Anthony Lea moved to Shrewsbury and discovered a connection to the Gild of Freemen of Shrewsbury via his ancestors, which led to him being awarded a Certificate of Admission. Find out if you could also be eligible to join the Gild!
Anthony Lea and his wife moved to Shrewsbury a few years ago, and were surprised to learn from his sister of a connection to The Gild of Freemen of Shrewsbury.
They discovered they had an ancestor who lived near West Felton in the 1600s-1700s, who was a Freeman - with a big of digging, Anthony realised the organisation still exists and was even more surprised to learn that due to his ancestral connection, he was himself eligible for admission!
He was sworn in on October 12, 2018 at Shrewsbury Castle, in front of other Freemen and the Mayor, along with his son, who lives in Hampshire, and his sister; all were awarded Certificate of Admission to The Gild of Freeman of Shrewsbury.
Anthony says: "We were suitably robed and swore the oath agreeing to uphold the constitution of the Gild, to protect the Mayor and the town of Shrewsbury and if called upon, join with other Freemen across the land to protect the Queen."
The Gild of Freeman is small in Shrewsbury but Anthony is sure there must be others who have lived in the environs for generations and may be eligible but are unaware.
"It's not an arduous task," he says. "There are social events throughout the year plus a few ceremonies where we wear robes and carry ancient axes through the streets accompanying the Mayor. We also meet with other Gilds across the country."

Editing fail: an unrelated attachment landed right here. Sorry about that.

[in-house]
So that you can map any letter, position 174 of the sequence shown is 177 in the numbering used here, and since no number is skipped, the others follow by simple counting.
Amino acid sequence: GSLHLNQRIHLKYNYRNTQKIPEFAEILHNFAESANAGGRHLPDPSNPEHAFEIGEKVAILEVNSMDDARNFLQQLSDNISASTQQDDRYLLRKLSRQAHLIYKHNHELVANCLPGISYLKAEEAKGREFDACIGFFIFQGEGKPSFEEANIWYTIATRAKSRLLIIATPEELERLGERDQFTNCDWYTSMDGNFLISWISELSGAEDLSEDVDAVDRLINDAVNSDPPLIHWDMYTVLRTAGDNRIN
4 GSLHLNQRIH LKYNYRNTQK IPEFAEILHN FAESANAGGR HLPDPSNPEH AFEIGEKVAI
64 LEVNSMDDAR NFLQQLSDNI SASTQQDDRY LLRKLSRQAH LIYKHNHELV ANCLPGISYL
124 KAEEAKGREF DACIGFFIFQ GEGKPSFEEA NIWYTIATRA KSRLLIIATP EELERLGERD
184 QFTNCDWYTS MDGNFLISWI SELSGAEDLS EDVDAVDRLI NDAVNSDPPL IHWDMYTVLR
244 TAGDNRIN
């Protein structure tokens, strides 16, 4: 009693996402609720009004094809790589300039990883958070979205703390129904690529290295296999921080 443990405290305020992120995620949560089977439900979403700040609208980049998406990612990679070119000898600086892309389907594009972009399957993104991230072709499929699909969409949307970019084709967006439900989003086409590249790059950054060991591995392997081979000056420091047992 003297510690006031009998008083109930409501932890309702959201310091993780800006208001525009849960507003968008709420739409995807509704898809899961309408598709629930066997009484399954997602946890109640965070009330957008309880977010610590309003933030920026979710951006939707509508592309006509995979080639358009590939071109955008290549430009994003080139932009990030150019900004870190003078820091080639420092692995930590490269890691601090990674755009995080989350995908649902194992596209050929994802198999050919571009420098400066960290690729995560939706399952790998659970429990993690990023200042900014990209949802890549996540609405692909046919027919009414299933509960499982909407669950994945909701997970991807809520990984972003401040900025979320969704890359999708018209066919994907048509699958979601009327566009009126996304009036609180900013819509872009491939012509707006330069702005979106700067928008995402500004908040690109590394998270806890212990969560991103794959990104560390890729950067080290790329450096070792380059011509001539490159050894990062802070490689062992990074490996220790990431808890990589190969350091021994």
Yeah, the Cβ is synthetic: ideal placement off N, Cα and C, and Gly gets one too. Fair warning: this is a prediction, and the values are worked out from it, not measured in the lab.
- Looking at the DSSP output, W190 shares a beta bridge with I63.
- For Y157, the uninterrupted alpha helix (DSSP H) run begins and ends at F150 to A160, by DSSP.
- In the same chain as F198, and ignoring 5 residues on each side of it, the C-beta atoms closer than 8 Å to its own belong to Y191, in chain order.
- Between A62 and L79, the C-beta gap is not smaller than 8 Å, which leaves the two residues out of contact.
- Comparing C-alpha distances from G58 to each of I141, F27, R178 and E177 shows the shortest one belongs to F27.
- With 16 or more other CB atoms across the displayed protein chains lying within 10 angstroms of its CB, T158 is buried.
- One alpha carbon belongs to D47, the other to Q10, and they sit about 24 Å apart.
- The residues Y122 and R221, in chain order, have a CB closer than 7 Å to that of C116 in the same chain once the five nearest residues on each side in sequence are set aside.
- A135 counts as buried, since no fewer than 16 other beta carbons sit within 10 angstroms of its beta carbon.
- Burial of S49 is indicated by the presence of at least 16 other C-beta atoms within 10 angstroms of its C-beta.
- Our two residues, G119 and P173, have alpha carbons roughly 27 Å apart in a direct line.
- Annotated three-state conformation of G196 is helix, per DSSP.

Earlier this year, they welcomed a gentleman from the United States of America into the Gild: "He'd researched his ancestry and found, as I had, that his forebears were Freemen. He stayed in Shrewsbury and like me, swore the oath. I'm not sure how quickly he could get back here if the town or even the Queen, needed protecting!"
Pictured: Mayor of Shrewsbury Elisabeth Roberts and Town Clerk Helen Ball at the swearing in of Shrewsbury Freemen at Shrewsbury Castle on July 22, 2022.
To find out more about the history of The Gild, and if you might be eligible to join, visit the website HERE
The Gild website gives an excellent account of how the land-owning Burgesses were a powerful force in Shrewsbury, until the Act of Parliament in the 19th Century did away with so-called 'Rotten Boroughs'. They had onerous duties and responsibilities as well as some privileges and were the principal inhabitants of the town.
The title 'Freemen' was introduced, to differentiate between rate-paying male citizens of the town and the pre-1835 Burgessess. It is granted to the male descendents of Shrewsbury's Burgesses dating back to before the arrival of William the Conqueror in 1066. The Gild of Freemen was formed in 1901. Members are entitled to wear a gown bearing the Gild badge, which reads 'Seal of the Free Burgesses of the Town of Shrewsbury instituted in the year 1425'.
The current Patrons are The Hon. Charles G.O Bridgeman, of Leaton Knolls and Sir Michael Leighton Bart of Leighton Hall. In effect, all Shrewsbury Freemen are left with today are Pasturage rights, which pre 1845 Burgesses had been granted by Royal Charter. This entitles them to graze their livestock on the common lands of town (e.g. The Quarry and Kingsland); however, none have livestock!
It is estimated there are 300 sworn Hereditary Freeman, but not all live in Shrewsbury. Some 130 are members of the Gild. Women have been able to become sworn Freemen since 2009. Angela Robinson became the first ever lady to be Chair of the Gild Court in Shrewsbury in 2016.
Successive Mayors, together with the officials of the Town Council, have welcomed the involvement of the Freemen in civic ceremonies and parades. The Gild has also re-established its hereditary position as the Mayor's guardians, escorting him or her armed with ceremonial halberds - a two-handed battle-axe and pike mounted on a handle.